It is deniers who aren't members of organized religion.
Hmmm... I wonder why you never post any similar observations when your compatriots use terms like "alarmists", "tree huggers", and "climate whores"?
If you still have to ask "So what?" I don't know if I can dumb it down any further.
Because none of it is science. It's pure politics and rent-seeking.
I like how you ignored the facts there (you know how the models don't match reality) and just went to the political side there. Thanks for providing another data point.
When did time travelers start sending us data from 2028?
You'll note the "data" lines stop in 2013, the model lines run out to 2028.
Looks to me like the models are too warm but the overall trend is still upwards. I'd like to see a few more years of data points before I decide if this is a local maximum. Crossing the temps in 1983 on the way down would be an excellent indication of this.
Ahhh...but the science is settled. No need to wait, just pour trillions of dollars into fixing the problem.
See the models prove that we're all gonna die! ("Models prove" is another phrase that indicates that it's not science BTW.)
And Jeff, "I like how you" answered my question. You lambast the use of "deniers" but don't apply equal indignation to opposing terms because "none of them are science". WTF?
The truth is that you apply different standards to the two opposing groups. Your group gets a pass, the other group gets an attack. You are a prime example of someone who uses a different microscope for each side of an argument.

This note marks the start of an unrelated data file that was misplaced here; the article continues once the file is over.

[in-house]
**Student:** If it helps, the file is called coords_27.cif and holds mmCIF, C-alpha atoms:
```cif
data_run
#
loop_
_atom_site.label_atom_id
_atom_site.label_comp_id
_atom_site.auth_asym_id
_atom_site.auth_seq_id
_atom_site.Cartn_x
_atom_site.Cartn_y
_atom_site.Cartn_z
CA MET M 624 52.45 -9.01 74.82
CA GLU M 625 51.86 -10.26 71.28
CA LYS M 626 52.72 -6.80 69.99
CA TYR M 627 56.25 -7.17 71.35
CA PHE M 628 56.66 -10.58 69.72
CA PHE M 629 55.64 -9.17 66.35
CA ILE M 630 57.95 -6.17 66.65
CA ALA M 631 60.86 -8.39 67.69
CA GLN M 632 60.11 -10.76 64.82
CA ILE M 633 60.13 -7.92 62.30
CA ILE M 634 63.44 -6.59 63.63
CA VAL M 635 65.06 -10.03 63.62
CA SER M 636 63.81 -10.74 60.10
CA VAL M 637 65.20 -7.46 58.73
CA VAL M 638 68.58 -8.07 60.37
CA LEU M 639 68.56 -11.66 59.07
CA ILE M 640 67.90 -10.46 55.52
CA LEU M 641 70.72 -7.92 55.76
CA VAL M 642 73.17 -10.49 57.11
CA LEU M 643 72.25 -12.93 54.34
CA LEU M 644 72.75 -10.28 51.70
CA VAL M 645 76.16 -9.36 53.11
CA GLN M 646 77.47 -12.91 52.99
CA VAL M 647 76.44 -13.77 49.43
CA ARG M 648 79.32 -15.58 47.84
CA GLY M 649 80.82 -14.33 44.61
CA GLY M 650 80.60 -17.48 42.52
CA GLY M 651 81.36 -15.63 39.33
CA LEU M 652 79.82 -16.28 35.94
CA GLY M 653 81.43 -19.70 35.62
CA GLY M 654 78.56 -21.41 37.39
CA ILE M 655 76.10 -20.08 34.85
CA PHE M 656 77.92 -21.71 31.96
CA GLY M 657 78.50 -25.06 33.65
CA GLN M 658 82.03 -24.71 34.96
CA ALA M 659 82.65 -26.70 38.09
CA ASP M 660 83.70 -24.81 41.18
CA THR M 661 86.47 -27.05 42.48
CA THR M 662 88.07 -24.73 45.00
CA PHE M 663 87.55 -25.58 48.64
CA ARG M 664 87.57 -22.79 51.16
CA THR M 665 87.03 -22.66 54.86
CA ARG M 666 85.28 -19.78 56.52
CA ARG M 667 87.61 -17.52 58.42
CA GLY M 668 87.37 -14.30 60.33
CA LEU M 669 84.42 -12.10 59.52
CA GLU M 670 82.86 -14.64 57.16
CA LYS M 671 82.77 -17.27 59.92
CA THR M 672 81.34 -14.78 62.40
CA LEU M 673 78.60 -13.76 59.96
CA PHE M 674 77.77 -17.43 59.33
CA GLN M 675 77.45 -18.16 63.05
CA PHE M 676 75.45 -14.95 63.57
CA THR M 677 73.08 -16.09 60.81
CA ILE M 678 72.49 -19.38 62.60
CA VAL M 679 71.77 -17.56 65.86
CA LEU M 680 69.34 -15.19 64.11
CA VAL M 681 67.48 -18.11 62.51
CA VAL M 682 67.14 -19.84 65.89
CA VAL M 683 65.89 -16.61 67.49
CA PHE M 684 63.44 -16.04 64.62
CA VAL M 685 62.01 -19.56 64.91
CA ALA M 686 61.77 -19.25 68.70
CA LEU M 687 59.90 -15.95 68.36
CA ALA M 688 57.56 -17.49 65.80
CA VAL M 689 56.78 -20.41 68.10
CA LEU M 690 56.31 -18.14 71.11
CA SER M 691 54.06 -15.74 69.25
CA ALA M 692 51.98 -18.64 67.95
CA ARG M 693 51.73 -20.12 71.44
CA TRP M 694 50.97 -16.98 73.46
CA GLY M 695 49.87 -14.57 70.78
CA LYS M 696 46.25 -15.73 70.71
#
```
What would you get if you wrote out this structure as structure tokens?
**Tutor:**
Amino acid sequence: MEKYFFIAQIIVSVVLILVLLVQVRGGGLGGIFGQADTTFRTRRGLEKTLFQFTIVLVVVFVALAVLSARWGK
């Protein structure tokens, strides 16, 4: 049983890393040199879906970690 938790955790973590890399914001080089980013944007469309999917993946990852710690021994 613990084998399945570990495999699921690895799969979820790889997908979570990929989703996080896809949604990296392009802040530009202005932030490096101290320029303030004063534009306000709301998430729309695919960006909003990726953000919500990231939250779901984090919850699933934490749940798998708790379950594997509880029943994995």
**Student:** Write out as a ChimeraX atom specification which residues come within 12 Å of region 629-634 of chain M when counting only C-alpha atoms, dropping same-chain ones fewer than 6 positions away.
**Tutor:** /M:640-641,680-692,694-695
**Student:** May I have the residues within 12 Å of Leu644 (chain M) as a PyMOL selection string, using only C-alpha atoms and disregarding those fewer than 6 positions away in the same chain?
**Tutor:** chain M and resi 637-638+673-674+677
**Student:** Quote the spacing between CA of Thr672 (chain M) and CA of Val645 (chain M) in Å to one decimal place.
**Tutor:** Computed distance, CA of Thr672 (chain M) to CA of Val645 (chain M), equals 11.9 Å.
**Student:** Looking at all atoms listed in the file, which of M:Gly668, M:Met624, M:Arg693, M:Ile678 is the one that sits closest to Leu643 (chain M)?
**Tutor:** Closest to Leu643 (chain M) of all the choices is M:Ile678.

Regarding the graph you included, looks like a pretty obvious upward trend to me. I'm not going to spend the day studying all the different models to address your assertion (that they don't match reality). You have, time and again, shown that you are only going to present data that supports your arguments so I'm not giving them too terribly much credence. From what I see, you present nothing but biased data and even that data supports an upward trend in temperatures.
Oh, btw, your graph doesn't address ocean temperatures at all. That's a fairly big omission.
I know, and that's the issue I have with anyone who says "it's settled." Really? Things that haven't even happened yet are fact? And they are too stupid to realize the folly of making such an inane statement.
Too warm compared to what?
Funny how you won't study the graph presented, but believe whole heartedly in the religion of MMGW.
Compared to some arbitrary date that was cherry picked in order to convince governments they needed to exercise more control over people. Like governments needed more reasons to do so.